Microsoft has suggested that Sony disrupt disrupt a business model that has delivered nearly 10 years of success in order to boost the value of PlayStation Plus.
Right now both Sony and Microsoft are going head-to-head with the Activision merger. Sony is arguing against the deal and says it will "threaten the gaming ecosystem," where as Microsoft argues the deal is great for consumers and competition. One of the main arguments is that Sony's PlayStation Plus will have a hard time competing should Activision games become offered exclusively to Game Pass and not available on PS Plus.
So what is Sony to do? Microsoft says that, at minimum, Sony could offer day-and-date releases of key first-party and third-party games on PlayStation Plus. In other words, Microsoft is advising Sony to essentially break the so-called "virtuous cycle" that has helped sustain the multi-billion dollar PlayStation empire.
In a specific argument against foreclosing Sony's competitive PlayStation Plus service, Microsoft says the following (Page 5, para. c):
"Further, even if Microsoft succeeds in growing Game Pass with the addition of Call of Duty, the CMA also would have to satisfy itself that Sony could not respond through investments or improvements in its service. It is clear that Sony has a range of options to maintain or improve the competitive position of PlayStation Plus.
"At a minimum, Sony could include additional first- and third-party releases in PlayStation Plus on the "day and date" release. Sony's first-party exclusives not currently included in PlayStation Plus include prominent titles such as The Last of Us, God of War, Spiderman and the Final Fantasy VII Remake. The inclusion of such titles would be beneficial for gamers."
While that sounds like a good idea in theory, closer examination of the PlayStation business indicates otherwise. It really isn't good advice for Sony right now and PlayStation isn't set up for this kind of service-first approach. First let's take a look at why Sony has outright rejected the idea of day-and-date releases similar to Xbox Game Pass.
Back in May, Sony's Jim Ryan explained the company's current model is based on a virtuous cycle:
"In terms of our assessment in what gamers want, it's quite simple: Gamers want great games. That is the first and overwhelming perspective that they have.
"How they are delivered is a secondary concern. I would say whether it's in absolute terms, or in relative terms compared to our own history or compared to anything that competitors are managing, that we have never been in a stronger place with PlayStation Studios than we are now. We anticipate that position of strength and excellence will only continue and will only grow.
"We are in a virtuous cycle where success has allowed investment, which has generated more success, which is allowing us to invest more and will hopefully generate yet more success.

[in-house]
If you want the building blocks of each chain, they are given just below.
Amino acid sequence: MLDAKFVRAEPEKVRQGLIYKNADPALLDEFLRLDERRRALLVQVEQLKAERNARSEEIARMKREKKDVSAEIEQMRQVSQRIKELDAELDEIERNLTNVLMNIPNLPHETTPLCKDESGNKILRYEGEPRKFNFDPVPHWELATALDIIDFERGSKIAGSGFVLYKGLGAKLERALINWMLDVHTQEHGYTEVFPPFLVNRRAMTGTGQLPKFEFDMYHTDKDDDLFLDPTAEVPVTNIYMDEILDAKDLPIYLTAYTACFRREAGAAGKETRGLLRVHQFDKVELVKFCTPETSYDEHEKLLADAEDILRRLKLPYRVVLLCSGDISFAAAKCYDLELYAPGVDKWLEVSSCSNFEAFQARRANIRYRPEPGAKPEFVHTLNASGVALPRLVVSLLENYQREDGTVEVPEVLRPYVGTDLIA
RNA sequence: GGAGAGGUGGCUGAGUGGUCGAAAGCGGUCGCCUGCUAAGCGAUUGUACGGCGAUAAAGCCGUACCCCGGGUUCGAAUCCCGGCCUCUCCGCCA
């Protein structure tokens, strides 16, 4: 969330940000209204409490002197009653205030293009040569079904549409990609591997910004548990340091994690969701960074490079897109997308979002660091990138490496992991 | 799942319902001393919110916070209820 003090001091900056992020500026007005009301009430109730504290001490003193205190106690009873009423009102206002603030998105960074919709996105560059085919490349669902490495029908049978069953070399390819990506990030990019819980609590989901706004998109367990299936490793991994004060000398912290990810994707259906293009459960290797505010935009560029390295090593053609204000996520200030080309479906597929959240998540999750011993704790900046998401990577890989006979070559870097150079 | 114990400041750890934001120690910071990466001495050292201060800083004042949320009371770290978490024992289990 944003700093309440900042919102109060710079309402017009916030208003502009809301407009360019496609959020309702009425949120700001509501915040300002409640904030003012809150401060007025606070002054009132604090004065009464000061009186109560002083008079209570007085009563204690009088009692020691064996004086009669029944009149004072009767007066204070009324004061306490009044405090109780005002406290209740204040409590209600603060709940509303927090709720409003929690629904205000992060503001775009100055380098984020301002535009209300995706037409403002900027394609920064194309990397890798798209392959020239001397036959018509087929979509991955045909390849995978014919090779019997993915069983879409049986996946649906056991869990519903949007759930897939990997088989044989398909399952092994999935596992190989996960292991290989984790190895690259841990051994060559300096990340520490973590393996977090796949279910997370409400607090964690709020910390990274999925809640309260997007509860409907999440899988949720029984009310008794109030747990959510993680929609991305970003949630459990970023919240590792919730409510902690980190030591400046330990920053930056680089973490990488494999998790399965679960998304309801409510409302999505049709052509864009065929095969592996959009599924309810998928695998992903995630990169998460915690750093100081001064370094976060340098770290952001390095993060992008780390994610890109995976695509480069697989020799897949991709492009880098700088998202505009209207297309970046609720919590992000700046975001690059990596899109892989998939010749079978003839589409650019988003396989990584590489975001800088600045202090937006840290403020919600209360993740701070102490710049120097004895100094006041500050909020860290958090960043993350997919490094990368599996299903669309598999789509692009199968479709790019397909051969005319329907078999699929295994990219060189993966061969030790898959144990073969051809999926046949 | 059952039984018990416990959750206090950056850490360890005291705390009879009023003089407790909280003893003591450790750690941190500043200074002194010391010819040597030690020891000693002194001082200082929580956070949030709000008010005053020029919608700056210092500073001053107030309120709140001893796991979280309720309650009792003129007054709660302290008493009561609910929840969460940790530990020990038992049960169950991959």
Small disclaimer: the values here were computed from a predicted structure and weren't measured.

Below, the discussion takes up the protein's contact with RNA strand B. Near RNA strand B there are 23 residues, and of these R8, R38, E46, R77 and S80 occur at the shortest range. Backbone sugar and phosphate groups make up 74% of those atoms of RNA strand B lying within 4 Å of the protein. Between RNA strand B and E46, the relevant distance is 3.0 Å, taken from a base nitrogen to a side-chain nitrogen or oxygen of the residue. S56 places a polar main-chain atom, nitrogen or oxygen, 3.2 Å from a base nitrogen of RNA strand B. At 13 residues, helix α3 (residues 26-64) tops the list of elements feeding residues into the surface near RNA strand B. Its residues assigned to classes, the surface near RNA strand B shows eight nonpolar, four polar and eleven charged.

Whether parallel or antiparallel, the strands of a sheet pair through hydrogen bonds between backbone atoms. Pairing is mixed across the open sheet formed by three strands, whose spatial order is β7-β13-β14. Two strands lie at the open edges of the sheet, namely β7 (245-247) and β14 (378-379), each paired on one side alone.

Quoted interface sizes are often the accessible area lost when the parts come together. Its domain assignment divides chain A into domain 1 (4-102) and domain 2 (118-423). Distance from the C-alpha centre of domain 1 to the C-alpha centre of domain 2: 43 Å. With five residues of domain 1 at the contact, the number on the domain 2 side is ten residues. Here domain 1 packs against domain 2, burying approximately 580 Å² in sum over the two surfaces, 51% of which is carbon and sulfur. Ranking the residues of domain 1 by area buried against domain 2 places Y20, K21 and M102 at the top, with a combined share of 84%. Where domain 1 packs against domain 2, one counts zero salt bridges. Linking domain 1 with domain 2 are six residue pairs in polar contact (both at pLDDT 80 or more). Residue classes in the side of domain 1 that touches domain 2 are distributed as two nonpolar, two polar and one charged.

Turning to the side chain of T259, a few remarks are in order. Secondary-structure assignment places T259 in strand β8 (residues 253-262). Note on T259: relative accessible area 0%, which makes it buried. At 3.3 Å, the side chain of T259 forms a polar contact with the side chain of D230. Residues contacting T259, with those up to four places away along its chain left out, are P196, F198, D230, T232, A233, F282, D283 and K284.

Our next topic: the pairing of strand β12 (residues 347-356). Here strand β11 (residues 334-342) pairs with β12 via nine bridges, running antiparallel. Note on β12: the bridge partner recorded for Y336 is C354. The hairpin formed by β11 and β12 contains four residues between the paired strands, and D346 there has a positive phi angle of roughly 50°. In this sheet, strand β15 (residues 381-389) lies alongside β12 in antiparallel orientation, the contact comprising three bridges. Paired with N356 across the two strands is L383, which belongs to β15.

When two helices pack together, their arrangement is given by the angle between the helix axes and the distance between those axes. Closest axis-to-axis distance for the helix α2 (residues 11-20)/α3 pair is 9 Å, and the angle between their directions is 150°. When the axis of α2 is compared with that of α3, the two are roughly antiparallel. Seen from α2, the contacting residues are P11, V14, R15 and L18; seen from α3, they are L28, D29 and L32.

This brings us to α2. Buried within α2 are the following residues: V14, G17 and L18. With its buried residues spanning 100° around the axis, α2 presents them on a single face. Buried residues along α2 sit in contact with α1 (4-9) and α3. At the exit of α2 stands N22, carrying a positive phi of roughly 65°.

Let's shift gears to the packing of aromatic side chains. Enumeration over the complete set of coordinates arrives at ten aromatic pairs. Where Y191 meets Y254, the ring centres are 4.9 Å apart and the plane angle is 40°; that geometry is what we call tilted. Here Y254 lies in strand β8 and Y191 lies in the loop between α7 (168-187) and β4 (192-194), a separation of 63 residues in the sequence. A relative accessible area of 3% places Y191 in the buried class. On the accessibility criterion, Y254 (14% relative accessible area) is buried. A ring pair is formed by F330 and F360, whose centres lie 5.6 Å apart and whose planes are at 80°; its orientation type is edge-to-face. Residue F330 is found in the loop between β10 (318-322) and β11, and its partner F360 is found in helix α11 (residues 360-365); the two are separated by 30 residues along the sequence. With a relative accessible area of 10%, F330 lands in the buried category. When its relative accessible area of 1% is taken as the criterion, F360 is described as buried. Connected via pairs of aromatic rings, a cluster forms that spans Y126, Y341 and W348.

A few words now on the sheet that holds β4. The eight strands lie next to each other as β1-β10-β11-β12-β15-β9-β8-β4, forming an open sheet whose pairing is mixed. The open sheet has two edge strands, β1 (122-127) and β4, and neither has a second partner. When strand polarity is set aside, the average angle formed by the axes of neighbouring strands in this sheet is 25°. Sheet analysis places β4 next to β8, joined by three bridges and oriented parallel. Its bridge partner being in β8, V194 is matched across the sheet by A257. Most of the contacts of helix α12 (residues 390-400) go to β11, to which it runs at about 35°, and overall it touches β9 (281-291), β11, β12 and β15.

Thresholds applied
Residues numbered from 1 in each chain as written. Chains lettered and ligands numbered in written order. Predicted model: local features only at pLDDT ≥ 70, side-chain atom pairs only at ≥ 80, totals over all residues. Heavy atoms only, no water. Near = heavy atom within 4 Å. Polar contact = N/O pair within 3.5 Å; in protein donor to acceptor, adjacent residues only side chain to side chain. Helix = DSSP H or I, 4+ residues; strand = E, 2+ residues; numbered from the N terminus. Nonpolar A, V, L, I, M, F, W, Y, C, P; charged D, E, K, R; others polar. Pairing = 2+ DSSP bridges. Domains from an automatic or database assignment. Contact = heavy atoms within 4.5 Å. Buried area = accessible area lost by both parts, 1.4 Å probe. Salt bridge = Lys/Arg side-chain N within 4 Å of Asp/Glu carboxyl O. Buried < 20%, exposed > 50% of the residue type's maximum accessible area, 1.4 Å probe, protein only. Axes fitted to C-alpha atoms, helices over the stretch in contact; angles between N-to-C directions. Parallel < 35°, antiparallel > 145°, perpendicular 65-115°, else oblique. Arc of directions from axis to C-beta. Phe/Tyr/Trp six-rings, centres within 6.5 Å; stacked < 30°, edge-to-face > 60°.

"That virtuous cycle, we feel that if we were to move to a different model, which involved putting our AAA games into a subscription service on day one, we feel that there is significant risk that the virtuous cycle that we've established so successfully would be compromised and potentially broken.
"We definitely feel that is not in the best interest of the PlayStation gamer. That is our view on that particular issue."
Taking a look at Sony's output of first-party games reveals why the company probably doesn't want to release these titles on a subscription service at launch. Sony very much depends on the sale of premium-priced titles, especially of its first-party games, which sell significantly less copies than third-party titles. PlayStation does, however, make most of its revenues from in-game purchases and microtransactions, so by no means have premium first-party games driven the bulk of earnings but it could be argued that gamers choose PlayStation because of its exclusives.
Releasing first-party games day one on a subscription service would likely lead to more subscriptions and more subscription revenues, however it would also likely eat into full game sales, which, priced at $69.99 a piece, could be more lucrative.
Case in point: God of War Ragnarok just sold 5.1 million copies in its first week. Would it have sold that many if it were offered day one on PlayStation Plus?
Sony is also releasing a higher quantity of games than Microsoft, and the titles are typically more premium blockbuster-style experiences with long playtime, quality-driven visuals, and an emphasis on immersion. These kinds of first-party games are expensive, and Sony wants to maximize profits wherever possible.
Secondly, Sony is already about to disrupt its business in the hopes of expanding across other platforms, including PC and mobile. This expansion point is also complemented by another incredibly risky endeavor to release more live service games--Sony wants to release 12 live games by 2025, including various online games available on both PC and PlayStation consoles.
The reality is that Microsoft took a dramatically different approach than Sony in regards to its video games business. Years ago, back in 2017, Microsoft disrupted the market with the introduction of Game Pass. Since then, Game Pass has grown to a 25 million+ subscription that provides nearly-unparalleled value with access to over 400 games across consoles, PC, mobiles, and even direct console-free access to TV sets via cloud gaming apps.
Microsoft chose this path because it had to adapt to a market that was vastly dominated by Sony's PlayStation 4; so instead of trying to compete on Sony's terms, Microsoft changed the playing field.
Suggesting that Sony do the same when it is A) currently in a leading market position and B) already chasing risky endeavors is not the greatest argument.